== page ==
If 1985 was remembered for one thing, it was Danny. Not a rider named Danny, but Hurricane Danny. After a dry first set of motos, what started as a tropical storm in the Gulf of Mexico had turned into a full-blown hurricane, then moved inland toward middle America. By the time it reached Loretta Lynn’s Ranch it was enough to drown the proceedings in rainwater. After trying to wait out the storm it became apparent that the second and third motos were going to be mudders. As a matter of fact, it got so bad that the third and final set of motos were scrapped all together. So the 1985 AMA Amateur National Motocross Championships were decided by one set of dry motos, and one set of mud motos.
To no one’s surprise Yamaha’s adolescent star-in-the-making Damon Bradshaw won the 85cc Stock and Mod (12-13) motos on his YZ80, topping a fast pack of riders that included Brian Swink, Jeromy Buehl, Jimmy Gaddis, Gene Naumec, Junior Jackson, and more. For Bradshaw, who hailed from North Carolina, the two titles actually marked his first at the ranch, as he had issues in at least one of his motos during the first three years he was there.
A South Carolinian named Hank Moree Jr. also seemed like he was going to have a stellar pro career like Bradshaw, but it didn’t quite pan out like that for the Kawasaki Team Green rider. However, he did win the 85cc (7-11) Mod class over a California kid named Buddy Antunez. The 85cc (14-15) Stock and Mod classes were both won by Lowell Thomson of Idaho.
In the B classes, Team Green’s Frankie Brundage was the only two-class winner, taking the 250 B Mod and Open B classes. Jimmy Wooldridge and Chris Coleman topped the 125 B Stock and Mod classes.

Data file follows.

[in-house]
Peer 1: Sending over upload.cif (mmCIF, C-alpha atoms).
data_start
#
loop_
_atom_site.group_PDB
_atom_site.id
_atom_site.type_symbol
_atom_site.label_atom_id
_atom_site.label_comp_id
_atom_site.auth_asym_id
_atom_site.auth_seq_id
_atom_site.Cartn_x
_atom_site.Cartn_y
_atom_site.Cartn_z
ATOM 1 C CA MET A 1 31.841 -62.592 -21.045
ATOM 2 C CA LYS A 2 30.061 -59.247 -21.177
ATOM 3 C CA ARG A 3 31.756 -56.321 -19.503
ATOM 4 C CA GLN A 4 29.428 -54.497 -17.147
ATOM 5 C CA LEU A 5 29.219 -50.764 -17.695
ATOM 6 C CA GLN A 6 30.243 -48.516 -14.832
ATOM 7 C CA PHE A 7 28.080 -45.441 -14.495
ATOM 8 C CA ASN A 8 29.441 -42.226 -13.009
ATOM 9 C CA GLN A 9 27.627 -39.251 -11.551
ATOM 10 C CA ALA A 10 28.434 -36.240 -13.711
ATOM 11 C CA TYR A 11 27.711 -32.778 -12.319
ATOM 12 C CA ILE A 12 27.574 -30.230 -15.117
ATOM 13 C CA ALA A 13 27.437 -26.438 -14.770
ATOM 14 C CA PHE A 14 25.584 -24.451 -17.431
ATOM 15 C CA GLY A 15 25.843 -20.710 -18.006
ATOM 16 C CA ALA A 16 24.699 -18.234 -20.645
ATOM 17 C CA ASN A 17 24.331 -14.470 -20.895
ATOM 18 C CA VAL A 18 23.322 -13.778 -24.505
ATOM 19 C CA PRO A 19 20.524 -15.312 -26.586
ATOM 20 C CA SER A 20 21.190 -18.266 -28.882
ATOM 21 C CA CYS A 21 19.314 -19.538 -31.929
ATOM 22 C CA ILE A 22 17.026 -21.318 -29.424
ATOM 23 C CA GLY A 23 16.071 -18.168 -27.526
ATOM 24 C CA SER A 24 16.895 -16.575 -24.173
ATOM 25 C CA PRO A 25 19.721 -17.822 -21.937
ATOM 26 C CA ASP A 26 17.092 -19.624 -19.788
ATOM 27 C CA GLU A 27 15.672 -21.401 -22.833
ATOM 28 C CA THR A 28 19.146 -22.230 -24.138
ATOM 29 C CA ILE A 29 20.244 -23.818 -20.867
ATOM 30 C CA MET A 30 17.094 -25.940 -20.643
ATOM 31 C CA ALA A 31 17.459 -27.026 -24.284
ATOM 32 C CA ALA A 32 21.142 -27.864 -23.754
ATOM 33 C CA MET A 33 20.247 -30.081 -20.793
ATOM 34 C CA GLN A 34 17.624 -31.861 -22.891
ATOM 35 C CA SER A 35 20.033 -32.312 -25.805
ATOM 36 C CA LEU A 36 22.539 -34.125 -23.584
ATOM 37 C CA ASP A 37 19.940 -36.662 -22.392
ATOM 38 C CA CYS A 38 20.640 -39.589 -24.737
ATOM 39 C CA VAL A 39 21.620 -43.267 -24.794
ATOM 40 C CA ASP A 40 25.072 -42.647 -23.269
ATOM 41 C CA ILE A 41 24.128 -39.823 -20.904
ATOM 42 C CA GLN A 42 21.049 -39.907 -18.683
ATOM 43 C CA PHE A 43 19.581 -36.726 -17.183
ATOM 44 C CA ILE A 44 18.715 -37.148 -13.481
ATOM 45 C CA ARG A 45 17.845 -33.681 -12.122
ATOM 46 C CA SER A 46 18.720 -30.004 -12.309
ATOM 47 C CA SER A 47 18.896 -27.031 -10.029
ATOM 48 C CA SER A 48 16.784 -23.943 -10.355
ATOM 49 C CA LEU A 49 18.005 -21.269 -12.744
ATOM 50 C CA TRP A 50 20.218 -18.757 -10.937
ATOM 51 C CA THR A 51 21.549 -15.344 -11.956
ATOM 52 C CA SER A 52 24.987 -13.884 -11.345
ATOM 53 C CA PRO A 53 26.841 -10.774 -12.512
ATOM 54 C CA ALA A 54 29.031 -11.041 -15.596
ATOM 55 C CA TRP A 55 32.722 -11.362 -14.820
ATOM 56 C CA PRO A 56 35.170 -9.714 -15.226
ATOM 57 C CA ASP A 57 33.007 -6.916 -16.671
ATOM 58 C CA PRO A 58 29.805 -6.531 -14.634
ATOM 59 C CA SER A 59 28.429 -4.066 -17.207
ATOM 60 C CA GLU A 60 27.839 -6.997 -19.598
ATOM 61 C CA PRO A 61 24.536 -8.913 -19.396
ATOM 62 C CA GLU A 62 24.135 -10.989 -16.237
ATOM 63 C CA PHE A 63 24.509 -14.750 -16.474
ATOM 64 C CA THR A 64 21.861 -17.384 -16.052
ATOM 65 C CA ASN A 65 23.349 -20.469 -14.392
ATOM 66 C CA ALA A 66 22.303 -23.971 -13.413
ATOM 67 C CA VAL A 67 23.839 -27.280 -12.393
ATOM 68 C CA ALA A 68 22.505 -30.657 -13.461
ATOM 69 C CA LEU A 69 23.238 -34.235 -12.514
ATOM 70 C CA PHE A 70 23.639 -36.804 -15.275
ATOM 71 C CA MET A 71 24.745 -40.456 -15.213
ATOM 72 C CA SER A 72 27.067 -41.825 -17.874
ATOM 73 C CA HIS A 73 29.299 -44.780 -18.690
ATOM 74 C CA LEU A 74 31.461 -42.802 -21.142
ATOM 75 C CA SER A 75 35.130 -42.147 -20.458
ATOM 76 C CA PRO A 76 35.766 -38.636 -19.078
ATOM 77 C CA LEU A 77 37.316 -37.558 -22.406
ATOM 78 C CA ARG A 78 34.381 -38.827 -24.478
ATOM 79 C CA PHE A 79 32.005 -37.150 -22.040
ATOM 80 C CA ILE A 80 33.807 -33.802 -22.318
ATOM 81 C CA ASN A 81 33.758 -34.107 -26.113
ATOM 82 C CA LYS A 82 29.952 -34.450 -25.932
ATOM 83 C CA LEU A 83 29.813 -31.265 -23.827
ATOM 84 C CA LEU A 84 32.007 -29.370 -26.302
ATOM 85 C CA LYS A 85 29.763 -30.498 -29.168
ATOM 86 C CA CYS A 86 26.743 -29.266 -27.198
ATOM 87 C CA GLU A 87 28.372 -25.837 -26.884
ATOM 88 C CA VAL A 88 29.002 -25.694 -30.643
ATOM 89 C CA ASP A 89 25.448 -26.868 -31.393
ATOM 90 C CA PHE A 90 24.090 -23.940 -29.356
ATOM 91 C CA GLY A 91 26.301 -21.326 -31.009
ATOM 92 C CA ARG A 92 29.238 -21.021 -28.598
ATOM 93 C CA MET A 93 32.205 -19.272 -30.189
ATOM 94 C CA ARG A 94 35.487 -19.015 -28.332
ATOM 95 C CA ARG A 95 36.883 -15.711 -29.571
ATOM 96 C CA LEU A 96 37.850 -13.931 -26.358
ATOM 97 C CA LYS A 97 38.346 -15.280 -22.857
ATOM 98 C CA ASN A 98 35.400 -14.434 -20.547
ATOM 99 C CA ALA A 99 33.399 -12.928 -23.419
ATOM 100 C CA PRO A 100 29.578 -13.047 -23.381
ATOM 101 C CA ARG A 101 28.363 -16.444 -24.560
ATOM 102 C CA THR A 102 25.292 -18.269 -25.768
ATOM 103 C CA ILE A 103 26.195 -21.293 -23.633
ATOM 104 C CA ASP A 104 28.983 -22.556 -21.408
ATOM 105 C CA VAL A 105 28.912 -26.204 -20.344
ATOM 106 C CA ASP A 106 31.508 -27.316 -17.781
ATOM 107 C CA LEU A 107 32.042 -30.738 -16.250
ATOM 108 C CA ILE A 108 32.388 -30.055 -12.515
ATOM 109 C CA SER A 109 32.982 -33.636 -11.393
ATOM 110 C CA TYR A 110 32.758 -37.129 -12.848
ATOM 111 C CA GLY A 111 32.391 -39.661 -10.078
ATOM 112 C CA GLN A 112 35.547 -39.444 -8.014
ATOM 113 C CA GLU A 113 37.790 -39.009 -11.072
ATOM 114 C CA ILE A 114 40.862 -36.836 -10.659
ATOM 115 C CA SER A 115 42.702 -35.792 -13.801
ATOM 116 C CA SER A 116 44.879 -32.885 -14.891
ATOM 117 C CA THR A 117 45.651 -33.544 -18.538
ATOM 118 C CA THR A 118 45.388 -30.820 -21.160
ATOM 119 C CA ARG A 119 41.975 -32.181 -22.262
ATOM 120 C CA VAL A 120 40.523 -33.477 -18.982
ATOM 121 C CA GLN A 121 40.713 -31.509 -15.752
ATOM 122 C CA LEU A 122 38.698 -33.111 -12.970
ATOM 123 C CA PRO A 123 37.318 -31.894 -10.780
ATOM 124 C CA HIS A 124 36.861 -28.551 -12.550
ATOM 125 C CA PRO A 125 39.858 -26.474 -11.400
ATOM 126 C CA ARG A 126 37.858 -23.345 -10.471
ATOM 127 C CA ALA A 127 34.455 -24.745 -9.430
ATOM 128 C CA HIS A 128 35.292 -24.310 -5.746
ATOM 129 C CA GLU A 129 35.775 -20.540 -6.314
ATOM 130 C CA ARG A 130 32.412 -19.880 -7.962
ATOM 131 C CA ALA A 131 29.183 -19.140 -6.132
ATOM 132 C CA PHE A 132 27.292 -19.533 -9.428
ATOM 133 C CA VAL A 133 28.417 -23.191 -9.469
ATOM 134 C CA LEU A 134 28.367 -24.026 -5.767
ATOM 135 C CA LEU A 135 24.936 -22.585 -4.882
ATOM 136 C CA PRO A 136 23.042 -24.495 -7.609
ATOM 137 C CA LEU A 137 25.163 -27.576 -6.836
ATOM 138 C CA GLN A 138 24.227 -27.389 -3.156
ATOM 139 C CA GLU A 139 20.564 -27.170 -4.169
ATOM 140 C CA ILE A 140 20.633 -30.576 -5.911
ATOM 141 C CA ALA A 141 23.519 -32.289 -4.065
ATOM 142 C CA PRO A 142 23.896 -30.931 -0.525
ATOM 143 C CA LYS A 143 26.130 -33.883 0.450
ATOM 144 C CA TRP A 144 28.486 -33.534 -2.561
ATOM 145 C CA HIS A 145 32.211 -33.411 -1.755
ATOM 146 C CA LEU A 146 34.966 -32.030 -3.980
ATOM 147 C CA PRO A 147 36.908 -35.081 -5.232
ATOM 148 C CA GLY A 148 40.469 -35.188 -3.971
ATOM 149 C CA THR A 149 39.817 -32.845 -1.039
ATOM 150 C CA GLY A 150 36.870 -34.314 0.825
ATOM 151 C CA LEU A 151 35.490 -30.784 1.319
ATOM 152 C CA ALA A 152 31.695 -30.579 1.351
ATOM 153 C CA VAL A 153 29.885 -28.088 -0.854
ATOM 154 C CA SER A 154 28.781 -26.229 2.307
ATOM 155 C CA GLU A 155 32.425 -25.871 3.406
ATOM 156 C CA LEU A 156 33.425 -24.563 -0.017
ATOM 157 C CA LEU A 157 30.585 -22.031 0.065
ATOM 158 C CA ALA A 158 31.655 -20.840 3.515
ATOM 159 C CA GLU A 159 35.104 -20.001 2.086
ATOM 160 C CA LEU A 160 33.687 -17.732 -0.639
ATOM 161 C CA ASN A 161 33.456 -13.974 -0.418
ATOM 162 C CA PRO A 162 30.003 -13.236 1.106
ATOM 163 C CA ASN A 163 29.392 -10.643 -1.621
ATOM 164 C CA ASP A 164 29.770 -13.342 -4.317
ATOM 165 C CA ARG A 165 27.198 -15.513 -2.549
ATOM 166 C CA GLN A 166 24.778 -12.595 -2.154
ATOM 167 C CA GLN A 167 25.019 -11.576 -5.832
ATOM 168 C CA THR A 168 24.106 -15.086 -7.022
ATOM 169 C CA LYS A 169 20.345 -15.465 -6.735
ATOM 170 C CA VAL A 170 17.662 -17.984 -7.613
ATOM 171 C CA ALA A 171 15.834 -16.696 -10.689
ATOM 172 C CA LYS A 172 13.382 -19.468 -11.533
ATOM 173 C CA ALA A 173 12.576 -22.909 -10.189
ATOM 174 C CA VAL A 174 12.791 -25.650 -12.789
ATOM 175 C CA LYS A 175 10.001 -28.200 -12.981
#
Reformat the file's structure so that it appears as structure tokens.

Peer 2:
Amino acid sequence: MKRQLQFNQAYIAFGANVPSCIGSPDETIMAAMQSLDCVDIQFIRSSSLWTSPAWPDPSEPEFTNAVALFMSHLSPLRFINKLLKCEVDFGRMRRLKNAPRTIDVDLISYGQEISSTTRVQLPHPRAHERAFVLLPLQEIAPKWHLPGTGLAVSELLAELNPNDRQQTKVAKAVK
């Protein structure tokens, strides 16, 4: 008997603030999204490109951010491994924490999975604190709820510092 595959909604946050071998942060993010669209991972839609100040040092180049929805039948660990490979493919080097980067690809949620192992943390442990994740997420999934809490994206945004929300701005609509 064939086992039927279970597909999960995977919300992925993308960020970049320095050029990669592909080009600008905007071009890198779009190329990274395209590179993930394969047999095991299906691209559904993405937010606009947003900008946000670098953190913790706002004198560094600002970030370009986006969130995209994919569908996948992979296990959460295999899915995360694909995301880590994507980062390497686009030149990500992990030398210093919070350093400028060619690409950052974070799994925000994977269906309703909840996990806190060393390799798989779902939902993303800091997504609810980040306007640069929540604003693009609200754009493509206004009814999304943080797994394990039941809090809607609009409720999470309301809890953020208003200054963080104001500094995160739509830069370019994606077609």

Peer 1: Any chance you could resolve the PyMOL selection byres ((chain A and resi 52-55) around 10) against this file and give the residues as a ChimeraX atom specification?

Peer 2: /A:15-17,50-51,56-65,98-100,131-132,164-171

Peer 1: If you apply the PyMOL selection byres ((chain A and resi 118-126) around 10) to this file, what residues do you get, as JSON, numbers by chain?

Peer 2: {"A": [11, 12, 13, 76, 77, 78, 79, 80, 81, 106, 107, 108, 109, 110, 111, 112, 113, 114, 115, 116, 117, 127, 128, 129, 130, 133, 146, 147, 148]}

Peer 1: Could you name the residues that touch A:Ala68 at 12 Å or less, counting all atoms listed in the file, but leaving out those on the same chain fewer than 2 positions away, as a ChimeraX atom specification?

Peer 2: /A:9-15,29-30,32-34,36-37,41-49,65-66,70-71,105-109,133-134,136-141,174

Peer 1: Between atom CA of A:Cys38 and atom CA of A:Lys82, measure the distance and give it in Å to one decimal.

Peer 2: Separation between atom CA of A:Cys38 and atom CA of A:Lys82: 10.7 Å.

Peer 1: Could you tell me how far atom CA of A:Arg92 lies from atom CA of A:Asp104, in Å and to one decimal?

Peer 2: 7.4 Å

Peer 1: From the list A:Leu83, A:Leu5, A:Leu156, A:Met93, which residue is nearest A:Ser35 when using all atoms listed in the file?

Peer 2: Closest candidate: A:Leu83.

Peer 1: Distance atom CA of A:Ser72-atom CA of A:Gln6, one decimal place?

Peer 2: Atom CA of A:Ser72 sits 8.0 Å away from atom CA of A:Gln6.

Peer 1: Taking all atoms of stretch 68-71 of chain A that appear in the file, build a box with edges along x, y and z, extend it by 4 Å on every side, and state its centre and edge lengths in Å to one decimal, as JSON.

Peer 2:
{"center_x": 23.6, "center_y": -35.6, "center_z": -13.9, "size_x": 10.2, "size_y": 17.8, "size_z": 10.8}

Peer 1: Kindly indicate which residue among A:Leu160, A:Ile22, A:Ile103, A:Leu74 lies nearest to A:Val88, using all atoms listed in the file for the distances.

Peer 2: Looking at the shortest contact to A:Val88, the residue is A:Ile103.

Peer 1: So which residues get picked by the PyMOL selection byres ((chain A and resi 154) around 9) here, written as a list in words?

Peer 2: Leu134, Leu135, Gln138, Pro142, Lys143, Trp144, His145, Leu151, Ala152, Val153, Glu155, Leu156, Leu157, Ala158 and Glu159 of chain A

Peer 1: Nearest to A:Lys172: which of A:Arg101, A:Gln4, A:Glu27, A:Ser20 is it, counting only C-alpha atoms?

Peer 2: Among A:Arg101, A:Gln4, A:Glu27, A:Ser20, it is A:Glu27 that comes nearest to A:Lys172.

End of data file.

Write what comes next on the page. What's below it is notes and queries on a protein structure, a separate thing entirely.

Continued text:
Robbie Neeley won the Vet +30 Class over Barry Higgins, and Doug Sanger won the +40 Class over a gentleman named Bob Krah. And fourth-place in that +40 Class? My dad, Dave Coombs Sr., who also happened to be the event co-founder and promoter.
I bring my dad up here because he was always sensitive to the concept of an even playing field. The track was never used except for this race and the ATV Dirt Days that followed. The gate was closed on the track, grass was planted and Loretta Lynn’s horses were the only ones allowed out there from year to year. A big reason was because my brother and I were racers, and Dad never wanted anyone to think that me or my brother Tim had any sort of advantage at Loretta Lynn’s.
And that was a problem in 1985 because my brother was one of the top Pro-Am riders in the country, and he entered the 250/Open Pro-Am class and won the first dry moto on his YZ250. Timmy was also a great mud rider (he would win the Blackwater 100 three years later) and so it was no surprise to me that he went out and dominated the second moto as well, which was a true mudder. There were some good guys out there too: Tyson Vohland, Trampas Parker, Shaun Kalos, Keith Turpin, Rodney Barr, Mike Jones….
So here was the predicament: Tim Coombs was sitting on a 1-1, and the rain wasn’t stopping, but my dad didn’t want anyone thinking he called the third motos off because Timmy was in the driver’s seat in the 250/Open Pro-Am class. The track, however, was literally under water. So my dad decided to lay out another track that ran basically beside the actual track, on the water truck lanes. Then, with everyone watching, he went out on his own YZ250 and showed that the track was passable (my dad was a good mud rider too). He slithered and splashed around and somehow made it work, and then called a riders’ meeting. To a man (and woman), everyone told him to just call it a year and let everyone go home. Hurricane Danny had won 1985!
But so had California’s Tyson Vohland in the 125cc Pro-Am class, Michigan’s Jeff Stanton in the 250 A Mod class, Kentucky’s Tommy Watts in the Open A class, Michigan’s Todd DeHoop in the 250 A Stock class, Minnesota’s Donny Schmit in the 125 A Stock class, Indiana’s Mark Melton in the 125 A Mod class, and of course West Virginia’s Tim Coombs in the 250/Open Pro-Am class.